Peace and Eco Briefs, November–December 2012

Peace and Environment News — Insider, November–December 2012
by Mike Buckthought

Omnibudget Guts Protection for Waterways

EarthThe latest omnibus budget bill (Bill C‑45) introduces changes that would gut one of Canada’s most important environmental laws. The Navigable Waters Protection Act requires federal approval for projects that affect navigable waterways. If the amendments pass, the legislation would only apply to 97 lakes, 62 rivers and the three oceans. The act would no longer apply to tens of thousands of lakes and rivers across Canada — clearing the way for oil pipelines, mines and hydroelectric projects. The 443-page omnibus bill introduces changes to over 60 different acts. Because these far-reaching changes are combined in one bill, there will be limited opportunities for debate in the House of Commons. (Canada NewsWire, October 18, 2012; Globe and Mail, October 18, 2012)

Clean Water Act

While Finance Minister Jim Flaherty was introducing the newly minted omnibus bill, Americans celebrated the 40th anniversary of the Clean Water Act. This key law came into effect on October 18, 1972. Before the law was introduced, corporations and municipalities were free to dump untreated sewage and toxic chemicals into lakes and rivers. Two-thirds of the country’s waterways were too polluted for swimming. Ohio’s Cuyahoga River caught fire on a number of occasions, thanks to the ever-present oil pollution. Over the past four decades, the Clean Water Act has led to significant improvements in water quality across the United States. (New York Times, October 16, 2012; U.S. Environmental Protection Agency, October 18, 2012)

B.C. Mine Rejected

The B.C. government has rejected a proposed copper and gold mine near Morrison Lake, 65 km northeast of Smithers. An environmental assessment revealed that the mine would threaten sockeye salmon and water quality in the region. The Lake Babine Nation has opposed Pacific Booker Minerals Inc.’s mining application because of concerns about the impacts on salmon in the First Nation’s territory. “Sockeye salmon is a renewable resource at the heart of our culture and communities,” says Chief Wilf Adam of Lake Babine Nation. “We can’t risk trading a renewable, sustainable fishery for a non-renewable mine that will leave a legacy of contaminants and toxins in our territory,” he says. (Lake Babine Nation, October 2012; Globe and Mail, October 1, 2012)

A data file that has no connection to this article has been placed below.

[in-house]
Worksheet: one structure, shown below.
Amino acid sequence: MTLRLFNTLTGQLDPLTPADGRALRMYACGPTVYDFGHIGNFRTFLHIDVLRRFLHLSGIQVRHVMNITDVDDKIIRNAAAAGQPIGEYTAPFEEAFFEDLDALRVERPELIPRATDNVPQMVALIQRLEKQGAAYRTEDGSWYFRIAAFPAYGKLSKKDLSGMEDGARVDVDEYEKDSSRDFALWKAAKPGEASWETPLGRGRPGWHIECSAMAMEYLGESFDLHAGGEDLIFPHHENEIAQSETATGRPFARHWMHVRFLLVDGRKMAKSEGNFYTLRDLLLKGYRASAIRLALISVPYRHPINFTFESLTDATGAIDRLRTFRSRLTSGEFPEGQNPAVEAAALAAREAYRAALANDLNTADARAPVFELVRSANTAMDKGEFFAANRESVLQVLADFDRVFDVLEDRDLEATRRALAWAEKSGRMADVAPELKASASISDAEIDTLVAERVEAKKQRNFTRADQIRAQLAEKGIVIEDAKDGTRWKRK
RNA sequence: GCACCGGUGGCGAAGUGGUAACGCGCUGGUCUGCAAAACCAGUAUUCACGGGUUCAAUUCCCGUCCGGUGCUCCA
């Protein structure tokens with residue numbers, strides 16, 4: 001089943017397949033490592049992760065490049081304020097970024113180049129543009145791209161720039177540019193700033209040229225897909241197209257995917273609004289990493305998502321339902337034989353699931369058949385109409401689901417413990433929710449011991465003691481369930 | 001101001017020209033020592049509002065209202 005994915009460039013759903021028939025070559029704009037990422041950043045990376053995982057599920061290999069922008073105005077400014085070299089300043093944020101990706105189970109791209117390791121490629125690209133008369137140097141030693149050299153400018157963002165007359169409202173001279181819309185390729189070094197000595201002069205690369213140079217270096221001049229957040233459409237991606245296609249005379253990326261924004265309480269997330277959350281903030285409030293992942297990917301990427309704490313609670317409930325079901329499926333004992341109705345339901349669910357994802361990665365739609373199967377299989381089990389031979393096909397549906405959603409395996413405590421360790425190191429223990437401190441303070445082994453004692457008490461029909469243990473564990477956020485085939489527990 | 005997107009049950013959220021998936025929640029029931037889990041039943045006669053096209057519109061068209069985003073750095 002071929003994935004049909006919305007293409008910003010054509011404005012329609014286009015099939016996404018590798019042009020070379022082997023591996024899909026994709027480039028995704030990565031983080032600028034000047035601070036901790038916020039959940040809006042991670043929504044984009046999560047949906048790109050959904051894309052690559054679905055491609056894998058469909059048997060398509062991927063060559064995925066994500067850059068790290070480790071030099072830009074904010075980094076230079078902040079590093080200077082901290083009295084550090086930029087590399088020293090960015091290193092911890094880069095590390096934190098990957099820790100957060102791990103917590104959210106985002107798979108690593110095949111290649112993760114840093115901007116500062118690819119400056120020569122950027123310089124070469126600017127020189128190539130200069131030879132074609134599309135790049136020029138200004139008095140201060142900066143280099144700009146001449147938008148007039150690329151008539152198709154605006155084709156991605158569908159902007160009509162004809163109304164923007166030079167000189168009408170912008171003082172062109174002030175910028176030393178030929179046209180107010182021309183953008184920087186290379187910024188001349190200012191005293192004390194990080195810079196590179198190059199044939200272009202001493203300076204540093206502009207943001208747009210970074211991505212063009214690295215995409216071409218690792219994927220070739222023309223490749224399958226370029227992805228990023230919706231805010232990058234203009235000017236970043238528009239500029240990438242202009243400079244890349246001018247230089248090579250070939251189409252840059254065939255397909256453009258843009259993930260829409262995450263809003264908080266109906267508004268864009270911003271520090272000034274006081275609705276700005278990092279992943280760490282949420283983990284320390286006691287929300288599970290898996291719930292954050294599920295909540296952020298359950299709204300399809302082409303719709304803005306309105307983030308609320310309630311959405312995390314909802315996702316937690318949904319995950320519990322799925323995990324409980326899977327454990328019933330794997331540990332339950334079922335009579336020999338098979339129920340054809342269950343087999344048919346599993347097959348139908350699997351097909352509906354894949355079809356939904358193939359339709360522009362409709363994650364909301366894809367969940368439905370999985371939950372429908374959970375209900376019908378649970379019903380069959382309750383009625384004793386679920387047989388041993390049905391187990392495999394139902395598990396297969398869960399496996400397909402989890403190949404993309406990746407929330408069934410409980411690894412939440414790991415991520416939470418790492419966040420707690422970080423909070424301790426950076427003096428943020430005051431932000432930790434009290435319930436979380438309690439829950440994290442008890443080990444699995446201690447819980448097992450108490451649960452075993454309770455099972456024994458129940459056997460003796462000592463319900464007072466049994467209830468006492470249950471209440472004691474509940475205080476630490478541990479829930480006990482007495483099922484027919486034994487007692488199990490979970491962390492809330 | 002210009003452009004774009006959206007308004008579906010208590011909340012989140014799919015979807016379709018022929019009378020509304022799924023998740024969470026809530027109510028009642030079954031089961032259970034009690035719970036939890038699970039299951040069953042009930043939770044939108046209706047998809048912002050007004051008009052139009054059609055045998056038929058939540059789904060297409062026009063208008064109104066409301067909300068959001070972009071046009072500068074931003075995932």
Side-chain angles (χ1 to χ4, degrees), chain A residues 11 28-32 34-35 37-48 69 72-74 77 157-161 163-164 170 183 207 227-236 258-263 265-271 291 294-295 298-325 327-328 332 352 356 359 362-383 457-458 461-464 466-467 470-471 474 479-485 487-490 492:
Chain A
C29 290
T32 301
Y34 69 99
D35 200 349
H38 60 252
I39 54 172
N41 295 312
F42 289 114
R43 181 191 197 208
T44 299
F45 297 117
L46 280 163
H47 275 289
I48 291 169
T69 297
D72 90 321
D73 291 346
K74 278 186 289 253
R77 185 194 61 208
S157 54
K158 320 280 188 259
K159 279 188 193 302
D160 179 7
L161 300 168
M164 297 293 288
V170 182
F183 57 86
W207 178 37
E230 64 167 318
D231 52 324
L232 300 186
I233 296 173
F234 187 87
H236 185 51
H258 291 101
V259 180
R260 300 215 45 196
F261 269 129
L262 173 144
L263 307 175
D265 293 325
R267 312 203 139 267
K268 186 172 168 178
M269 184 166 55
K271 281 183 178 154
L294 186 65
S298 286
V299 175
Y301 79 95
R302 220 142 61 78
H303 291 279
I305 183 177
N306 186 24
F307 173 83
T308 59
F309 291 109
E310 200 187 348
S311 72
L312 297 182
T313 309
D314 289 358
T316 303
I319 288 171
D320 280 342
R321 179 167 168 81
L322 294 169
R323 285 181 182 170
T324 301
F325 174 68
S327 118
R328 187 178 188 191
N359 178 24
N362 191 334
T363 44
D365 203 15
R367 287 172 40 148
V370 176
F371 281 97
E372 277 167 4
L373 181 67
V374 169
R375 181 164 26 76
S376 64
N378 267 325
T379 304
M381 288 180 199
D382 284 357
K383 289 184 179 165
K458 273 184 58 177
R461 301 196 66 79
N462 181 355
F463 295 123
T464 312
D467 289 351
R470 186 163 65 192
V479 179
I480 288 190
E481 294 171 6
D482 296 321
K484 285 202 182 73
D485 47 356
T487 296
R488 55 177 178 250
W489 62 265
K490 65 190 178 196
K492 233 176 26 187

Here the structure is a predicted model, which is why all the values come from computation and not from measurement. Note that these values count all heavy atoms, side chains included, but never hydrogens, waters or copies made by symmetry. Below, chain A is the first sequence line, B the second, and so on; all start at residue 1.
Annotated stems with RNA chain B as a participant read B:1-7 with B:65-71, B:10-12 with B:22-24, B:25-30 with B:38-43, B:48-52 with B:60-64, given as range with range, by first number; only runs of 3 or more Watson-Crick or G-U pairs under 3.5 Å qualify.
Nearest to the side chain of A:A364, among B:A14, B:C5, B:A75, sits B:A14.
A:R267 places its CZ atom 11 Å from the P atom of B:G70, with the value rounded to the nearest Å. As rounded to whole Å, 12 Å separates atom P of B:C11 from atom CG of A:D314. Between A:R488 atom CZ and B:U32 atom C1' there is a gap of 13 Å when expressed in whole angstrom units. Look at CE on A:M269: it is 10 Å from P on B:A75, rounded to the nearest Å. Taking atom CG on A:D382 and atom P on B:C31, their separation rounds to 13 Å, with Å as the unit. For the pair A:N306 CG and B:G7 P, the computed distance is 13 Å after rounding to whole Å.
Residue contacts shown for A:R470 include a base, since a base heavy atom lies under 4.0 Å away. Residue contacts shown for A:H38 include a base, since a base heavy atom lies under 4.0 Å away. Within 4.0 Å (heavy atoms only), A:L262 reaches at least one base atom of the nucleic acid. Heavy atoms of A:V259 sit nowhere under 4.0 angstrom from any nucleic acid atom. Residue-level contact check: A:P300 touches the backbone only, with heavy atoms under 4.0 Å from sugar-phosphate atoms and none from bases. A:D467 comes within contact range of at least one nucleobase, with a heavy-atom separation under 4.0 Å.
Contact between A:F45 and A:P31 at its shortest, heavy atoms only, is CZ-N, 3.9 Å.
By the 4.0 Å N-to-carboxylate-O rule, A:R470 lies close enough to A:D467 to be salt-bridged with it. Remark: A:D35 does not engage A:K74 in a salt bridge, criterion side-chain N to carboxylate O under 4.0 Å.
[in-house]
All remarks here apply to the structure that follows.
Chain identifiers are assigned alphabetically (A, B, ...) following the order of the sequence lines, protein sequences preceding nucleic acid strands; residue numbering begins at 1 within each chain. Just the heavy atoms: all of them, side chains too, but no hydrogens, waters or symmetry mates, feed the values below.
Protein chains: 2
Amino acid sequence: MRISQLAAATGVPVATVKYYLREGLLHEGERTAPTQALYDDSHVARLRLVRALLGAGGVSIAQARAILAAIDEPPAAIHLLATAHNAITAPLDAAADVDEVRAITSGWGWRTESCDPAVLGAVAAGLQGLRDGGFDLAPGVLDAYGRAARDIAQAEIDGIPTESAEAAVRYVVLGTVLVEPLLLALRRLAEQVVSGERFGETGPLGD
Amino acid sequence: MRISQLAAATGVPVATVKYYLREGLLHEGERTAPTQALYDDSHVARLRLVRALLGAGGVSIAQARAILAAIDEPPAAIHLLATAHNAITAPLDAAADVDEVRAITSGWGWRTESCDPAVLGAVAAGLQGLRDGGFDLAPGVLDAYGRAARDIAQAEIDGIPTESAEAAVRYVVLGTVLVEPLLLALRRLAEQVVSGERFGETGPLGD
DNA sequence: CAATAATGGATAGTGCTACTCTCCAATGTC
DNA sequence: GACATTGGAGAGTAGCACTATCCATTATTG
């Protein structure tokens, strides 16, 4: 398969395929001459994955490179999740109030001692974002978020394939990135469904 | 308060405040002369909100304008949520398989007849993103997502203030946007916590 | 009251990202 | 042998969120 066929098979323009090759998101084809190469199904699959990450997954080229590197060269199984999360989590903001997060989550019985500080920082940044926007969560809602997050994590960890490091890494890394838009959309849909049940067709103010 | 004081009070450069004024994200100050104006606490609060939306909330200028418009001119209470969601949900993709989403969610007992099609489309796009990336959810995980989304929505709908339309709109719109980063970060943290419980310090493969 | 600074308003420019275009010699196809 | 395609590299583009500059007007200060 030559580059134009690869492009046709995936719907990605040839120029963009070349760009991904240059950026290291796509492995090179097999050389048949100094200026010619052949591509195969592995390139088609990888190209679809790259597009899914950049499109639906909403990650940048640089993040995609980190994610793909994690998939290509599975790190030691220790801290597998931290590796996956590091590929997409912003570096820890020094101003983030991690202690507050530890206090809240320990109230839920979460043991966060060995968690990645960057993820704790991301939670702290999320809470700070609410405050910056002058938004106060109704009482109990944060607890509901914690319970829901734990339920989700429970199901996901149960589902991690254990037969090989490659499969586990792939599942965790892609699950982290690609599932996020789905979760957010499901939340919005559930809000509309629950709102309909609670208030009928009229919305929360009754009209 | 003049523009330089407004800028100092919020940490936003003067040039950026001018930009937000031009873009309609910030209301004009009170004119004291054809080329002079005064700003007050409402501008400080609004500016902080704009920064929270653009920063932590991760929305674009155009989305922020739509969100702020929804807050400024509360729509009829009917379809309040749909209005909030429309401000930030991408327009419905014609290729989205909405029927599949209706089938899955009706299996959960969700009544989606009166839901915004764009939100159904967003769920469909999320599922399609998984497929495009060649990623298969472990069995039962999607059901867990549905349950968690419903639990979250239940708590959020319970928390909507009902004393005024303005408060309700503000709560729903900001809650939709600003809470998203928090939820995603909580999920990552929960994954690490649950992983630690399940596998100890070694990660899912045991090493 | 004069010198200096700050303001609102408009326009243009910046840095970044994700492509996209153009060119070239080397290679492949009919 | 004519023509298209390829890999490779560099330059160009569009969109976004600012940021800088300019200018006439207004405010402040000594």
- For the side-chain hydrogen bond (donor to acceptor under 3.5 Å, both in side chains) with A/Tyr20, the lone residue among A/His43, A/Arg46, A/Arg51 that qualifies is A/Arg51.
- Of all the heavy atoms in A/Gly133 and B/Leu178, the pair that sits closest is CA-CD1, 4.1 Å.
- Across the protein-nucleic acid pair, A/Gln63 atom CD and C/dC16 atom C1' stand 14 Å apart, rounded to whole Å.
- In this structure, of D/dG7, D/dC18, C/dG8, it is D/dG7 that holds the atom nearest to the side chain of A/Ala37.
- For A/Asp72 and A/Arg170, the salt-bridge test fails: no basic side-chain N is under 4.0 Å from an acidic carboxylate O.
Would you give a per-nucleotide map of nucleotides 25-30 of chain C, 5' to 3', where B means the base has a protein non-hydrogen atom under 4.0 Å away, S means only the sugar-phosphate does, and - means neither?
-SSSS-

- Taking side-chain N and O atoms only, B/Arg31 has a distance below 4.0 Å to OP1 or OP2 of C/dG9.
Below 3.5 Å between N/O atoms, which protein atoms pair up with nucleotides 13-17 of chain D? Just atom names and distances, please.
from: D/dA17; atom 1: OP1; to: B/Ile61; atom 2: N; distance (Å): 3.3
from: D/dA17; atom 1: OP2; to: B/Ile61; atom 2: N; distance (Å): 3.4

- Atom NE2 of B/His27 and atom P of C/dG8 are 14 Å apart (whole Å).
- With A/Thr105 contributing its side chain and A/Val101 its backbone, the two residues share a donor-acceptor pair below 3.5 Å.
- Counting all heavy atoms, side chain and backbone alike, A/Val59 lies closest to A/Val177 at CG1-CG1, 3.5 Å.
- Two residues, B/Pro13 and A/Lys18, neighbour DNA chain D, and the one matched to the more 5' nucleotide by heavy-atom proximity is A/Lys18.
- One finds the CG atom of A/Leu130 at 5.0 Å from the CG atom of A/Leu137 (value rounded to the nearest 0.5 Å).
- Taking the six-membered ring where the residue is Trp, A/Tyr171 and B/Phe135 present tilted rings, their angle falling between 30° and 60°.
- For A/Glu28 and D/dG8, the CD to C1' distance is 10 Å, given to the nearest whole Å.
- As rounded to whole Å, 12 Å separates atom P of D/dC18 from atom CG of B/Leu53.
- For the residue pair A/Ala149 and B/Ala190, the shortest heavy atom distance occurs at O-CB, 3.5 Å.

Disappearing Arctic Sea Ice

On September 16, the area of Arctic sea ice fell to the lowest ever recorded. The Arctic sea ice extent reached 3.41 million square kilometres, about half of the 1979–2000 average. The rapid collapse of the Arctic ice cap will have serious implications for species such as polar bears. Some experts are predicting that polar bears will disappear in many regions of the Arctic. Meanwhile, the area covered by Antarctic sea ice has increased. According to the National Snow and Ice Data Center, stronger circumpolar winds are pushing the Antarctic ice outward, increasing the total area. (National Snow and Ice Data Center, October 2, 2012; The Guardian, September 19, 2012; PostMedia News, September 21, 2012)

Averting Nuclear Armageddon

A new historical project reveals that the world came close to being devastated by nuclear war. The October 1962 Cuban Missile Crisis was a pivotal point in history. Surveillance aircraft spotted Soviet missiles, capable of hitting American cities with nuclear weapons. The United States and the Soviet Union came close to engaging in a nuclear confrontation. University of Waterloo historians Jim Blight and Janet Lang document the Cold War crisis in a new book, The Armageddon Letters. They say the world is still threatened by nuclear war, and we need to learn from history — to save the world from armageddon, we need to eliminate nuclear weapons. (Ottawa Citizen, October 16, 2012; The Armageddon Letters,

Mike Buckthought is a writer and environmental activist based in Ottawa.

Published in the Peace and Environment News Insider, Volume 27, Number 5, November–December 2012, page 6.